slipping the first stitch is a [COLOR=Red]selvage stitch
(where stitch means pattern, (as in garter stitch, stocking knit stitch)[COLOR=Black]
it is just one style of selvage stitch, and its OK, but not the best for seaming --but excellent for raw (unseamed edges) as you might find on a scarf.
many new knitter have a problem with the last stitch in a row being oversized and loose. (and this selvage stitch pattern help hide this)
for edges that are going to be seamed, follow this pattern:
on row 1, work one (knit or purl as pattern calls for), pull yarn snug. work stitch 2 and do the same.
continue across row, normally.
repeat row 1 ‘snugging up’ first and second stitch every row.
as you work a row, you stretch a stich… (by sticking the needle into it)
with each stitch, the stretch get passed to next stitch…(so even tight knitters find it gets easier to knit by end of the row!)
by the last stitch, all this ease created by stretching the stitches works its way into last stitch… and has no where to go! the last stitch swells with the accumulated ease.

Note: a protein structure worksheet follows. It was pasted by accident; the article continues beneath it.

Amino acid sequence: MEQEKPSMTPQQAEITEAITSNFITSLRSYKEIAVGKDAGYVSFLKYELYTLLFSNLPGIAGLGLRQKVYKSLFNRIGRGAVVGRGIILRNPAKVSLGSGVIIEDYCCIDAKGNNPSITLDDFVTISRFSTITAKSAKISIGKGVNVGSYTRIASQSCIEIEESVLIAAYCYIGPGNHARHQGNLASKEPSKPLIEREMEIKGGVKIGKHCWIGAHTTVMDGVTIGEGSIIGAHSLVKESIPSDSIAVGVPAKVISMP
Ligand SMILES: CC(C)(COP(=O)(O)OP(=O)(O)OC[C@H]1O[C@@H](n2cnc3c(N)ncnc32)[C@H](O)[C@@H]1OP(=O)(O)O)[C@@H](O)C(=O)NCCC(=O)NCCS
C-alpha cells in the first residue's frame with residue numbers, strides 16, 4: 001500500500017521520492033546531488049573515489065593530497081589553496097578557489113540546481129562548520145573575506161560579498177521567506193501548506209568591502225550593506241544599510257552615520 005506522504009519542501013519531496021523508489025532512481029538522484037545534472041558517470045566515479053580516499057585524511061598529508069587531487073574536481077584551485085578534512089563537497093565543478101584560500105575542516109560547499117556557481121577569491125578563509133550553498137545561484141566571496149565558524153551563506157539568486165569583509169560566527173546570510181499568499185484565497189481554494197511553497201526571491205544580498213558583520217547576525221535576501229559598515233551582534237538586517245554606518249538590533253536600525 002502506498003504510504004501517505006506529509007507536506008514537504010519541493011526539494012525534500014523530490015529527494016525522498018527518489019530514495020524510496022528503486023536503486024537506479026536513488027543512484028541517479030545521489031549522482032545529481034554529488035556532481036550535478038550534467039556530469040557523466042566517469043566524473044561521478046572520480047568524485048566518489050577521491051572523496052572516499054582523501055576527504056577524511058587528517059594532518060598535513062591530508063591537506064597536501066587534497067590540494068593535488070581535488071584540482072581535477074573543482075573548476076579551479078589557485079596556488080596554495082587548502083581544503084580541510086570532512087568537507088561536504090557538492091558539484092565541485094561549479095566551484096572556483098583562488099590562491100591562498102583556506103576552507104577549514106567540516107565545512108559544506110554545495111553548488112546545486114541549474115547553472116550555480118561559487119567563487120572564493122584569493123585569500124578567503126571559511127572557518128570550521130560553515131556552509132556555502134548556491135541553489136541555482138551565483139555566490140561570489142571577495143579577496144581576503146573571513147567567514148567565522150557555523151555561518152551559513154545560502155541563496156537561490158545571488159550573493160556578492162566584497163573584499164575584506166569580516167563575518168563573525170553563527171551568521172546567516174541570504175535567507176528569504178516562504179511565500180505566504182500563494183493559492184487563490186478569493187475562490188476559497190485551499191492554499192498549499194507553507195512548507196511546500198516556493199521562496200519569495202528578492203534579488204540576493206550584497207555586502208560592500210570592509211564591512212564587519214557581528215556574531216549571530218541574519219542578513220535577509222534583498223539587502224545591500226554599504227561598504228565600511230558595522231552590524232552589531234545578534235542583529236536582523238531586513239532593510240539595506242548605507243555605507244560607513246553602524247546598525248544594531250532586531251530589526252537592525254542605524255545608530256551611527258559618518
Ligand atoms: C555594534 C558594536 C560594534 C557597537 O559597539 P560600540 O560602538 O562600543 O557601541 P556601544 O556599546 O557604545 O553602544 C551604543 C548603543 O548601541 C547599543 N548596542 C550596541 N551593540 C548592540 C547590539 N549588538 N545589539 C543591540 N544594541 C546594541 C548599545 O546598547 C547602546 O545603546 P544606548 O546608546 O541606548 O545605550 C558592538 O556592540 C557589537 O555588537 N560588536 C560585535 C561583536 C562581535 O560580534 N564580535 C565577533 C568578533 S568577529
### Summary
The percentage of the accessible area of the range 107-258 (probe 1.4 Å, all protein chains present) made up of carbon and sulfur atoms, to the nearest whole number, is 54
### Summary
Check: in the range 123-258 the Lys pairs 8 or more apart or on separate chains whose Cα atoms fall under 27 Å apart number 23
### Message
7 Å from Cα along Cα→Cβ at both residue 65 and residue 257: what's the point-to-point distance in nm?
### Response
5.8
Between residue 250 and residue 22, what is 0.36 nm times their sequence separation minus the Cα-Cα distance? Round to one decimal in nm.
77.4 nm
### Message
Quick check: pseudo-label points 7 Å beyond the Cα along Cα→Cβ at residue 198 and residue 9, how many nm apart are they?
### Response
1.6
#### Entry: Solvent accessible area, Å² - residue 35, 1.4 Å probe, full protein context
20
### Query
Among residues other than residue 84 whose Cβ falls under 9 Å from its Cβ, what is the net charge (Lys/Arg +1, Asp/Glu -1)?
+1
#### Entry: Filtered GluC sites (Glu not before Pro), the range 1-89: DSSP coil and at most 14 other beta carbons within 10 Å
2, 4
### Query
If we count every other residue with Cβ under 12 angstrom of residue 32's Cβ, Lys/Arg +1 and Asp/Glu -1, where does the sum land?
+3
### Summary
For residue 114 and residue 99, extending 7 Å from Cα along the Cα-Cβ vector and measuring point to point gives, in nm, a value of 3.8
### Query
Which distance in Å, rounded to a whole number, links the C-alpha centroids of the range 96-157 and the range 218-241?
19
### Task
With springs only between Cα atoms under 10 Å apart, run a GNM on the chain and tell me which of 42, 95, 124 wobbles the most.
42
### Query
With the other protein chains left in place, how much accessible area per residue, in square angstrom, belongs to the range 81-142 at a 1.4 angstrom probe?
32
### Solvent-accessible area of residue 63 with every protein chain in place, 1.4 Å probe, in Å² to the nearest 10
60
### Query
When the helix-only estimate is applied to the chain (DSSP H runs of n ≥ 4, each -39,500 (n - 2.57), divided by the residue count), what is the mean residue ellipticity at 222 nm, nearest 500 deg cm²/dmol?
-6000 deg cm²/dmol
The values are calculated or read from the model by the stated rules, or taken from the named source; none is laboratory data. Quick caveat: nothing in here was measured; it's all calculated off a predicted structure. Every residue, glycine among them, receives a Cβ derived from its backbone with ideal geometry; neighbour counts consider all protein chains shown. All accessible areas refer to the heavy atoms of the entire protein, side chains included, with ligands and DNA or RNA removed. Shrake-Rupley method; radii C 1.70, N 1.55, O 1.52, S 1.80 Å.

if the first (and second) stitch are snug, (and smaller than the other stitches in the row) they can ‘absorb’ the ease, and not get too big.
there are other selvage stitche… one advanced one (again for unfinished/seamed edges) is YO, K2tog.
many newish knitters (and even many advanced knitters!) don’t feel comfortable making a YO as the first stitch…
some patterns (especial fine knits in the european style) call for 2 (yes two!) garter stitches as selvage stitches, and both of these get knit into seam… (in german style sock, they are used in heel, and left visible)